"People also search for" in Knowledge Graph Adds Explanations; Chrome Web Store Gets Domain Ownership Verification Option

Have you ever flipped through the "People also search for" section of the Knowledge Graph panels -- incase not, Google today added explanations to it. "Just mouse over or click on a thumbnail to see an explanation of how it's connected to the subject of your search."Google says, people had fun with their Bacon Number […]

Have you ever flipped through the "People also search for" section of the Knowledge Graph panels -- incase not, Google today added explanations to it. "Just mouse over or click on a thumbnail to see an explanation of how it's connected to the subject of your search."

Google says, people had fun with their Bacon Number calculator, which revealed some, often surprising, connections, and now "we're starting by showing major co-starring roles between actors, movies, and TV shows as well as highlighting family connections amongst famous people in the Knowledge Graph. These connections won't show up all the time, but when there is an interesting explanation available, you can now see it at a glance," Google posted.

Here is an example picture of the "People also search for" movies for Gone with the Wind:

People also search for in Google Knowledge Graph adds explanation section

Developers who publish app(s) in the Chrome Web Store, can starting today "verify a domain ownership through a simplifyed process that now allowing use of Google's site verification service to prove their association with a verified site."

Until now developers need to prove they own the domain that hosts their application through Google's Webmaster Tools.

Google explaining the process notes, "if you want to publish an app on the Chrome Web Store and have it associated with your existing site, but you don't have the ability to upload a verification file to the root directory. The site verification service option in the edit page for each item listed in your Chrome Web Store developer dashboard allows you to request association of your app with your organization's site. When you choose an existing site from the drop-down menu or click "Add a new site", the current registered owner for the site will receive a notification of your request to be associated. The owner can see who is making the request, and then approve or deny the request appropriately."

Note: "if this checkbox isn't available, it may be because there's no current owner of the site or you already have an outstanding association request," Google said.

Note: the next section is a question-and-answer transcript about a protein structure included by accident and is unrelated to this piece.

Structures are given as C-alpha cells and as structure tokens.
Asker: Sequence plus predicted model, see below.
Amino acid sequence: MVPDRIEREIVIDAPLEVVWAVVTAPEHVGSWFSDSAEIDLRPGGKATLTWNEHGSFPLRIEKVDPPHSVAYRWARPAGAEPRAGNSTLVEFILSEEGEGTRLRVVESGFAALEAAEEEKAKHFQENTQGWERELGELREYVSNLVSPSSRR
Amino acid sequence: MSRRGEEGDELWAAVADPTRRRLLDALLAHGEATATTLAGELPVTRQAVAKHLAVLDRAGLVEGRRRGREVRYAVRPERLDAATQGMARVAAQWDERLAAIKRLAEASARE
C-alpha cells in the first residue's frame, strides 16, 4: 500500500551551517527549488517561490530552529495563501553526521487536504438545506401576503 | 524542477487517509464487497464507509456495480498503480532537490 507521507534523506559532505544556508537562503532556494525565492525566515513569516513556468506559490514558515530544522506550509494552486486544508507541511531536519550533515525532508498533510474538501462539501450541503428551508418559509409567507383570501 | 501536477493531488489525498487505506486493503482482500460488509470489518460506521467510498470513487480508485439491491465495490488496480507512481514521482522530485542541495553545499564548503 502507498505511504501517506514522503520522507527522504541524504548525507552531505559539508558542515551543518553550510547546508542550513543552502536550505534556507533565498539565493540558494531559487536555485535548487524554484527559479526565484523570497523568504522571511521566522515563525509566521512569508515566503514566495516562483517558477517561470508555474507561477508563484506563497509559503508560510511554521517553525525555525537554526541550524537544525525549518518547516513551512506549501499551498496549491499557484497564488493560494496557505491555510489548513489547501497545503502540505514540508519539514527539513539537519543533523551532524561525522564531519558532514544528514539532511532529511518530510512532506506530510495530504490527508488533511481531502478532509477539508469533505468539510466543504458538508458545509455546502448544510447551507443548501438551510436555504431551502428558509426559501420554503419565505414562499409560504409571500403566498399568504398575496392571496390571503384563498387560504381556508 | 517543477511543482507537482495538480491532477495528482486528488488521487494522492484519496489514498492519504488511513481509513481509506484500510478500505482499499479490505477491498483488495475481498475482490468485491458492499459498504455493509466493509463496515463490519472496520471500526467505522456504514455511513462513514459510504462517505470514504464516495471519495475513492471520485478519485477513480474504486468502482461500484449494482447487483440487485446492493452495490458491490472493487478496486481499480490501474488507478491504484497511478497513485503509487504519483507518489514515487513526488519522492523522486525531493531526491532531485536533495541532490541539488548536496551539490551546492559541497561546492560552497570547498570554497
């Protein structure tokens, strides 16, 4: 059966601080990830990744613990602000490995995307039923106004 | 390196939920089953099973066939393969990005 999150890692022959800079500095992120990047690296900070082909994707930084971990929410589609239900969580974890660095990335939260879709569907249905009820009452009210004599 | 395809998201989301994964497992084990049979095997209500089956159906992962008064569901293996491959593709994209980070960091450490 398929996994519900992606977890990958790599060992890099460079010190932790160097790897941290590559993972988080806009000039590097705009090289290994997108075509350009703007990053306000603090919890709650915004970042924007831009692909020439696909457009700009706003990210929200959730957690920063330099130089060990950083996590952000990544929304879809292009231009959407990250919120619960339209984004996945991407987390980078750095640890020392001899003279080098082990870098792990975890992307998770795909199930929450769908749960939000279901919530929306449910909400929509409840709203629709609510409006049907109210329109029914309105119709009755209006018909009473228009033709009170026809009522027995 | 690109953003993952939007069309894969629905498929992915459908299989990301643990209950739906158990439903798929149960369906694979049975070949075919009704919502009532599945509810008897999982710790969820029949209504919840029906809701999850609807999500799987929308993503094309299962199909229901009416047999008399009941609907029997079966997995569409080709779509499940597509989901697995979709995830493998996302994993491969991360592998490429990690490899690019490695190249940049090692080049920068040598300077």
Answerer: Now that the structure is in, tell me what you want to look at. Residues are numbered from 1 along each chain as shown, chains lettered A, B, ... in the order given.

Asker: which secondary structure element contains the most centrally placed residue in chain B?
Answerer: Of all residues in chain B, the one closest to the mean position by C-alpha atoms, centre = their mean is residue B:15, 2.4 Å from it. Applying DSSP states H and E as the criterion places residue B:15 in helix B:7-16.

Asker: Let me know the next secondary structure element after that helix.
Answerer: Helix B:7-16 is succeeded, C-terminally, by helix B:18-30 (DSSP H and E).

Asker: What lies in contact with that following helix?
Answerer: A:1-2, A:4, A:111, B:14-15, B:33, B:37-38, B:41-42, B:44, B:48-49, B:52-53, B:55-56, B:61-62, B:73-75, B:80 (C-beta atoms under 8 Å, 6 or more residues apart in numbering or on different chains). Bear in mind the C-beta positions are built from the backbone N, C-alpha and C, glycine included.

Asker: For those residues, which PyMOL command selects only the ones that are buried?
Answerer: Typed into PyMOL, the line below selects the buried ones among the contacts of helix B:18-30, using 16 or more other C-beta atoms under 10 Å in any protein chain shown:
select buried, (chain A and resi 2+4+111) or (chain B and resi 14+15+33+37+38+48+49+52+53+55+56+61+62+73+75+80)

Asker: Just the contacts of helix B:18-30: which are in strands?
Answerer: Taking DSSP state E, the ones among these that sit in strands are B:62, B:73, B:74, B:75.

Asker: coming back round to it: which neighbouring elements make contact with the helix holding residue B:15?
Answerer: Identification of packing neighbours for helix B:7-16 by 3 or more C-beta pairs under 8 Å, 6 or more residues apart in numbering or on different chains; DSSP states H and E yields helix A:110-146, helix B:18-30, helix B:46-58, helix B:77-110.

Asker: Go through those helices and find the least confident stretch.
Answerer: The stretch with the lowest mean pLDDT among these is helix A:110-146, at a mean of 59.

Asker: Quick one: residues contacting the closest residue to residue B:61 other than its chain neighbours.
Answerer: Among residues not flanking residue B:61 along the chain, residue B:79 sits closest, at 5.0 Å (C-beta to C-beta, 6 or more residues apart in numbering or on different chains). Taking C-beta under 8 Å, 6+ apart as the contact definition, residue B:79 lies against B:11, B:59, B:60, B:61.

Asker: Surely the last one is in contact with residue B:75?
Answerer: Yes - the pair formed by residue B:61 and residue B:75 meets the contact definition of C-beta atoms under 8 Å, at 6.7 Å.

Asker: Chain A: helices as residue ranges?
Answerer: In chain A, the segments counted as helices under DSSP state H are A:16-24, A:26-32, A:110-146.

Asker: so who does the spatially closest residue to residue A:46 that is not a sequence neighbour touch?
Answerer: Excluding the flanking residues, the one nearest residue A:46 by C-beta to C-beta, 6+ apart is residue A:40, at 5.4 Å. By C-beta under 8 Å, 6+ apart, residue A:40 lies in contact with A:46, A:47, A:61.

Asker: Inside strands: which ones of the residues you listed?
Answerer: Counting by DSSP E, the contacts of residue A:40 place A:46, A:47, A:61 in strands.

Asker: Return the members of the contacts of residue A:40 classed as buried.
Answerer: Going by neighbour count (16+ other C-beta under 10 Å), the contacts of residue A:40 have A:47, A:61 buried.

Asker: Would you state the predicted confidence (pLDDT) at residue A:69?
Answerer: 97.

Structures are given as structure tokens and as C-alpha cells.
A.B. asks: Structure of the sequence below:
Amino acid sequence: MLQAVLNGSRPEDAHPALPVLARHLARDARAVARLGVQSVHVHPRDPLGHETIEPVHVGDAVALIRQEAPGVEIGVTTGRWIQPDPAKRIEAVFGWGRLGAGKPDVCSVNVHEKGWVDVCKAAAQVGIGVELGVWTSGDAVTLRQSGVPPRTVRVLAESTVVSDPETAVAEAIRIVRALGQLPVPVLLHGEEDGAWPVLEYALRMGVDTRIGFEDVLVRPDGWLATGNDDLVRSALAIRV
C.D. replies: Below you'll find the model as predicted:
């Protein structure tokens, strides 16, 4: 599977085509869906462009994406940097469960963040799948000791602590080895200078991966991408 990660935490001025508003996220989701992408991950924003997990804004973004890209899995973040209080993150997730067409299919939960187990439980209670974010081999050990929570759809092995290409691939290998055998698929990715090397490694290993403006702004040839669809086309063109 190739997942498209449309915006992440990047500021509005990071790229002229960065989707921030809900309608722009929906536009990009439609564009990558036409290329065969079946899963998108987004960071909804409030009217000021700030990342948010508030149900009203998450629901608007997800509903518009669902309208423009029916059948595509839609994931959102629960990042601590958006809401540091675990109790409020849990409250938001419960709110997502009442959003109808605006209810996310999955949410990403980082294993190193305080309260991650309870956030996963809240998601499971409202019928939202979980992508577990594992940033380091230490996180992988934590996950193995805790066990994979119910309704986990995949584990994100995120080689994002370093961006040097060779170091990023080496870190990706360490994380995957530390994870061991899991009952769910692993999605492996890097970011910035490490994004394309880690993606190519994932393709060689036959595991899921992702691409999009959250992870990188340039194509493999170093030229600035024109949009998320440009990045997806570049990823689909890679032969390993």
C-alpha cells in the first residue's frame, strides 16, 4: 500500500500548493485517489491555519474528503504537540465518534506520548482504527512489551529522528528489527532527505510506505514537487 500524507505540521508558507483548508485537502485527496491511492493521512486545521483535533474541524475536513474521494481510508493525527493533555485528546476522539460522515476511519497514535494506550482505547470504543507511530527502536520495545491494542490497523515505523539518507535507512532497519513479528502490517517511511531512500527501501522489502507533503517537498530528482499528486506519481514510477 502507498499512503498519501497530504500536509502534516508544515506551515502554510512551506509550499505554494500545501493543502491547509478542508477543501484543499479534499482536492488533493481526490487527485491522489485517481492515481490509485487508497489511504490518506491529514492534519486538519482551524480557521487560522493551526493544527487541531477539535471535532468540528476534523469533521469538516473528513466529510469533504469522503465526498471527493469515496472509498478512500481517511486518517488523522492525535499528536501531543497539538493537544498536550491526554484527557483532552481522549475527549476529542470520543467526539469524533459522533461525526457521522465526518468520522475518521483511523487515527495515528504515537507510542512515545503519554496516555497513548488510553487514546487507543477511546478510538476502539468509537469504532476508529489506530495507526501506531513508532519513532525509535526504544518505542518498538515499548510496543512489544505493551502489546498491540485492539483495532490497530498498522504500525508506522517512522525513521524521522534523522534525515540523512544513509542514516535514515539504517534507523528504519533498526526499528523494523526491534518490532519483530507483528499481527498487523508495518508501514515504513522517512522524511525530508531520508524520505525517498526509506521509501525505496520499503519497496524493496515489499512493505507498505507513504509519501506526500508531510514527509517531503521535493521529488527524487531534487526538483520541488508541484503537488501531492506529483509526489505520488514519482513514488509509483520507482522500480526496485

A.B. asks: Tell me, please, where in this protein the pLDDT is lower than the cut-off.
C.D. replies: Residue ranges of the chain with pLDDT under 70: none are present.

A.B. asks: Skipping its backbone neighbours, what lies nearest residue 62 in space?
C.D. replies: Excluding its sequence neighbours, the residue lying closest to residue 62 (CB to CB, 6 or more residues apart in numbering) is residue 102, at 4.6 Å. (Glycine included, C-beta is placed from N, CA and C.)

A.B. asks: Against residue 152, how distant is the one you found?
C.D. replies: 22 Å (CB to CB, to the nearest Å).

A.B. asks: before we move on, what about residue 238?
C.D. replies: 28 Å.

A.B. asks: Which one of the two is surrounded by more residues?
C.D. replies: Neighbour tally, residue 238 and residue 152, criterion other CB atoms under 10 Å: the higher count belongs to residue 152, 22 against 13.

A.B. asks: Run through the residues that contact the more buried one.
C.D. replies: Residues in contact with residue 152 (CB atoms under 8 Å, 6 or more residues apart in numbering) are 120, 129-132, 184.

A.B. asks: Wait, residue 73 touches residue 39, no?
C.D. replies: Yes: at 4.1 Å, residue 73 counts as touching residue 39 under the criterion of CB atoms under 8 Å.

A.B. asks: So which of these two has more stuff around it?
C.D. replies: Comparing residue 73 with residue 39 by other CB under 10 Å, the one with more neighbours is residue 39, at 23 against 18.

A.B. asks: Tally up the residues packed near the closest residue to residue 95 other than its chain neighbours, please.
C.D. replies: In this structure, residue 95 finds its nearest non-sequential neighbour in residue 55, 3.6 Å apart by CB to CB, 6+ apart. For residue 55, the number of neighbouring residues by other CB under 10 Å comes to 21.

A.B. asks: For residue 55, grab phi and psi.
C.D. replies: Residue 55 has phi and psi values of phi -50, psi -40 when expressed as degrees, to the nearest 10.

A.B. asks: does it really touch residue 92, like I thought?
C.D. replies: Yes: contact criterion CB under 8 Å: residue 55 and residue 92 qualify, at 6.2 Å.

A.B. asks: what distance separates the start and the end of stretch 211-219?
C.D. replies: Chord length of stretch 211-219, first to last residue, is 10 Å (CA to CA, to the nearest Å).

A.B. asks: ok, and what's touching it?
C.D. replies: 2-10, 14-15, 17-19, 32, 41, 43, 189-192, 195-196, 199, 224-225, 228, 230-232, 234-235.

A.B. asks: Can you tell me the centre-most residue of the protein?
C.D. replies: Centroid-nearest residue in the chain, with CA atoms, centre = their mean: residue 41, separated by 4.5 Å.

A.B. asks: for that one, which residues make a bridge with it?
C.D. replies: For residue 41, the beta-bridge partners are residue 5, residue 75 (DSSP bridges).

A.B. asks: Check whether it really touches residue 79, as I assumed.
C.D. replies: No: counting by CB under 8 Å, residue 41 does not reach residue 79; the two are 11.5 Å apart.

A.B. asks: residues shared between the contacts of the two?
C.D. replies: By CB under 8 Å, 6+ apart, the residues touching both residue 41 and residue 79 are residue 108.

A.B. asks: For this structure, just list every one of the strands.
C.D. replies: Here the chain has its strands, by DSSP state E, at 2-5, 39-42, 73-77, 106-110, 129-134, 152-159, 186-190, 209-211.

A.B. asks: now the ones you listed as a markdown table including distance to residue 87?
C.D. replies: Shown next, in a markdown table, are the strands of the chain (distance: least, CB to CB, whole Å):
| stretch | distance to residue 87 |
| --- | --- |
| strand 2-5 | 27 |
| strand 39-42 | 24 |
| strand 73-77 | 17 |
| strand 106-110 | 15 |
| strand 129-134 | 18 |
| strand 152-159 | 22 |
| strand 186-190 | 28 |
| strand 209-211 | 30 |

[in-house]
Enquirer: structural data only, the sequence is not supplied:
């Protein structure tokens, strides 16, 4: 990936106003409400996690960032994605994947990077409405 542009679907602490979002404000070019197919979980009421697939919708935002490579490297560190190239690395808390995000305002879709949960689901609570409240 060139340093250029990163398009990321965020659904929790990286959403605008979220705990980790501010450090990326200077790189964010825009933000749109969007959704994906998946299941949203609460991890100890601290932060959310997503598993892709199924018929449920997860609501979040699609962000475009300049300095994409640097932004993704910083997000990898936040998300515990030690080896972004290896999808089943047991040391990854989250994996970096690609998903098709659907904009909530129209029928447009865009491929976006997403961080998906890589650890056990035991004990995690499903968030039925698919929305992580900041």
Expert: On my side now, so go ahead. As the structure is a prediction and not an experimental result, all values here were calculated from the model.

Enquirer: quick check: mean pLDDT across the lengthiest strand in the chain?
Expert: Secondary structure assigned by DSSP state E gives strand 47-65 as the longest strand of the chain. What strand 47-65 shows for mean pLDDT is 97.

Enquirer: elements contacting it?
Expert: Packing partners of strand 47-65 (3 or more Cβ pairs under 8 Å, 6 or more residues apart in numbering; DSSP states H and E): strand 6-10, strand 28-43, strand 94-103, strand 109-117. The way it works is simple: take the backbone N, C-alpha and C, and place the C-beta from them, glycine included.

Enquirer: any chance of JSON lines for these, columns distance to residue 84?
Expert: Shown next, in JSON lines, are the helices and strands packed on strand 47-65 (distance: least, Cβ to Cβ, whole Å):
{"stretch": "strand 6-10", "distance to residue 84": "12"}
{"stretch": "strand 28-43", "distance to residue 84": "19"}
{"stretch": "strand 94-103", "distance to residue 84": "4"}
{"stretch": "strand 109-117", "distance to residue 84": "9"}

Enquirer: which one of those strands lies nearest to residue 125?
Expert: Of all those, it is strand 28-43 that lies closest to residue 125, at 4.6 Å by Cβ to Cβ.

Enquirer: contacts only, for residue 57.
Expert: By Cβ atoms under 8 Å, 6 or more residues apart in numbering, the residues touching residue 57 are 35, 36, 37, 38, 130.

Google Site Ownership Verification option in Chrome Web Store

If you use Google Calendar to schedule your business's days, weeks, and months, you can check official google tips for organizing and using your calendar more efficiently:

  1. The Google Calendar Android applets you manage all your calendars in one place--including those from your Google accounts and other synced calendars--right from your mobile device.
  2. Use keyboard shortcuts to make and manage your events quickly. For example, when you're on your calendar, try typing c to create a new event, d to display your calendar in day view, or n to see the next date range.
  3. Collaborating on events with co-workers using Google Calendar? Pass on the torch and transfer ownership of the event to the new coordinator. When you're editing event details, visit the "More Actions" dropdown then click "Change owner." You'll have the option to send them a note letting them know this change is effective now.
  4. Unclutter your calendar by auto-hiding events once you've declined them, letting you to focus on the more important parts of your day/week/month. Just click the gear icon at the top of any Google Calendar page, go to Calendar settings, and then the General tab. Select "No" in the "Show events you have declined" section and then save.
  5. Tired of the white grid look on your calendar? Add a photo to personalize your background.
  6. Planning on meeting with people in another time zone? Enable the world clock in Calendar Labs to find a convenient time. Out of town and not by your computer? You can automatically decline events during times when you're busy. Check out other Labs features you can try.
  7. Create a to-do list that will appear right next to your calendar. You can even assign calendar dates to tasks, and then sort by the due date.
  8. Want to share special events happening at your business with your customers? Create a separate calendar and then embed it on your website.
  9. Customize your notification settings for events. You can choose to get reminders between 5 minutes and 4 weeks before your event, and pick whether you want the reminder delivered as a pop-up notification, email, or text message. You can also add multiple reminders for an event.
  10. Organize your calendar by color-coding different events or calendars and make it easier to get an overview of your schedule with a quick glance.

To get more tips on ways to use Google Calendar, check out thehelp center.

Update 10/22: Google open sources Ashier, a utility that allows users to automate terminal interactions with templates.

"Ashier offers several advantages over traditional tools (such as expect): a template language that replaces regular expressions in many situations, support for nested multiline textual data parsing, and the ability to integrate with response logic implemented in any language," explains Google.

Ashier aims to make terminal interaction automation simpler and more accessible to users -- so you can spend less time at your computer and still get more work done.